Three years ago this week one of the world's largest bank came within hours of closing.
If RBS had gone down it would almost certainly have brought with it most of the world's leading banks. So, three weeks after the collapse of Lehman Brothers, the then Labour government bailed out the banking system to prevent not just a banking catastrophe but a profound economic collapse.
It worked because, scarred by our experience with Northern Rock 12 months earlier, we acted immediately and did far more than the markets expected. Within days, other governments followed. The immediate crisis was averted.
Three years later, on the face of it, we have learnt very little. The eurozone is in crisis because it has failed to act swiftly and decisively. And there is now a real fear of, at best, a decade of stagnation and, at worst, another recession. What's more, there is a sorry acceptance that nothing can be done to stop year after year of lost opportunity for growth at huge cost to millions of people across the world. That is wrong. The crisis can be tackled. It involves making different choices.
Three steps are vital. First, the eurozone must recognise that much more must be done to stop Greece's problems spreading to larger members.
Last week, we learned that in Washington plans are being drawn up with a Greek default at their core.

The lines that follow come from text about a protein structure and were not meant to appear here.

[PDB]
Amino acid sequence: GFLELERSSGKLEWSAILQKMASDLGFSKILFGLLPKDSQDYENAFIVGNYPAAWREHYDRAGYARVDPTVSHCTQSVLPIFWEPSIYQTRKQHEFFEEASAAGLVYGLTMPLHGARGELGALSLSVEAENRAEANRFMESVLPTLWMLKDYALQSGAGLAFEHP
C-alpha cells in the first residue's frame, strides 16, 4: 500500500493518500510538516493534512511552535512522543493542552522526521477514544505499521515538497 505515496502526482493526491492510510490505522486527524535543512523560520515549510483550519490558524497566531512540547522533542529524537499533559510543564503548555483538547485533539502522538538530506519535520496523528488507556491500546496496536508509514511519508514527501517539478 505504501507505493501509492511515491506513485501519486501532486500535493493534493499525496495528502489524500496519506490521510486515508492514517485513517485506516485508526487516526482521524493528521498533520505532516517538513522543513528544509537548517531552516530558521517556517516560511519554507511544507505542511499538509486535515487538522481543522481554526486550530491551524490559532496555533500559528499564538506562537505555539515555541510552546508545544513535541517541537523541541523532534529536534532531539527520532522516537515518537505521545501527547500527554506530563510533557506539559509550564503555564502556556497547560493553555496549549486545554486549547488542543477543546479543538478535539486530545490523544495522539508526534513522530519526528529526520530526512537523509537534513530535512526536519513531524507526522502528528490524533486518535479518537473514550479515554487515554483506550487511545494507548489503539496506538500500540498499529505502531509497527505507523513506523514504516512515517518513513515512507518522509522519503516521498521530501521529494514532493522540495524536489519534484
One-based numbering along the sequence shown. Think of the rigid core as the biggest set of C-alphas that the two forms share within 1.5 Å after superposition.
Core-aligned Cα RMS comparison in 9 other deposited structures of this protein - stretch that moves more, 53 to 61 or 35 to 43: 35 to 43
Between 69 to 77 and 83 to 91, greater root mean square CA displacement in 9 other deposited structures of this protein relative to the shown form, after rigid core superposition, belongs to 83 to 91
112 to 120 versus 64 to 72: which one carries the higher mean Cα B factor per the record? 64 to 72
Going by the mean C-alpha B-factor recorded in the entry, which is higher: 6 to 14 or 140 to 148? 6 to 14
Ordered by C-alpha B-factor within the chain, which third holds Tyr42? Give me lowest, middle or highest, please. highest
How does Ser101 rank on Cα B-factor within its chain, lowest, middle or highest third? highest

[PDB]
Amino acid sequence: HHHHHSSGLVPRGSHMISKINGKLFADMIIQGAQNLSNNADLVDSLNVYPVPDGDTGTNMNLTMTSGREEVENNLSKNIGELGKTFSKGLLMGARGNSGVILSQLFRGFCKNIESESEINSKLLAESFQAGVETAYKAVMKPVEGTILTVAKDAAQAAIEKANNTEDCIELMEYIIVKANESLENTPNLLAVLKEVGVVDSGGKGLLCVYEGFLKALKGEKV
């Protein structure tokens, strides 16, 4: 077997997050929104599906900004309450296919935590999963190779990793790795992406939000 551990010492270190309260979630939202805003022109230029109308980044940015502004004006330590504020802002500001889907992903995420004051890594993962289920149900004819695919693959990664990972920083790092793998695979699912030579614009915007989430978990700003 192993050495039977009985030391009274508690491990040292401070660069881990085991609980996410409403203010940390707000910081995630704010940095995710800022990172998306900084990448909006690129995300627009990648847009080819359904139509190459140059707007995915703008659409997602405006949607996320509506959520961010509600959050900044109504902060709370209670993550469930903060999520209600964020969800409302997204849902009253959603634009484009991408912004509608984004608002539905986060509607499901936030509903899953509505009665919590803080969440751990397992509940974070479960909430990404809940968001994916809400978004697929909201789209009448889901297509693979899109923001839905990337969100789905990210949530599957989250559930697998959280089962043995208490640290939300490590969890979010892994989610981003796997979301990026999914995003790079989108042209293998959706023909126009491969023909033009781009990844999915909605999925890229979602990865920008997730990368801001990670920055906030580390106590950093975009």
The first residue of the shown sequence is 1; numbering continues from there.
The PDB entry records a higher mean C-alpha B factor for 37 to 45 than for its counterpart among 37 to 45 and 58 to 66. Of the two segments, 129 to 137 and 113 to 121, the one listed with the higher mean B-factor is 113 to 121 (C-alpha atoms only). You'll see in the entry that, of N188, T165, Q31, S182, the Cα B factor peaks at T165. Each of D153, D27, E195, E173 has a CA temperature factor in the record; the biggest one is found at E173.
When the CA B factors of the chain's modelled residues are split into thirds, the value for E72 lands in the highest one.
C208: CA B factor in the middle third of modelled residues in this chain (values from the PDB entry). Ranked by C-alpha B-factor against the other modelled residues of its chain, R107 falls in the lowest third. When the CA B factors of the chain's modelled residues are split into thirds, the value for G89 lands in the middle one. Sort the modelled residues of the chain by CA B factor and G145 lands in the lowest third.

So the rescue fund will almost certainly have to be increased, not least to shore up some of Europe's banks, which are very vulnerable to the consequences of default. A failure in even a small bank could have catastrophic consequences for larger banks.The eurozone also has to recognise the consequences of a single currency. No one realistically sees a political union, but that the stronger economies must help the weaker ones is now beyond doubt. If they don't, they threaten the euro itself which is in no one's interests.
Most people realise that austerity alone won't work. That is why the second step is equally important and it affects us in the UK too. Our economy was growing at the time of the last election. Contrary to the claims of the coalition, we were always able to service our borrowing and debt and recovery had begun. The coalition's rhetoric has shifted. The reason, they now say, that growth forecasts will not be met is not because of a failure of their policy here at home, rather that Britain's problems are part of a wider global problem.
Deficits have to be brought down but the rate at which you do that affects growth. Without growth, deficits will rise not fall. We are already seeing that. That's why George Osborne will change course. He won't admit it, or call it Plan B. But he knows, because he's not daft, that what growth there was has been choked off.
Whether it be investment in infrastructure projects, or tax cuts to relieve hard-pressed families, or another dose of quantative easing, policy must change. Osborne left himself some wriggle room as to when precisely the structural deficit will be eliminated and he will need it.
Finally, the experience of three years ago is that countries that go it alone are exposed. That's why the G20 agreed to act together. We need to rediscover that spirit of international co-operation to get borrowing down and growth up. We cannot afford to stagnate for a decade or even more.
Alistair Darling was Labour chancellor 2007-10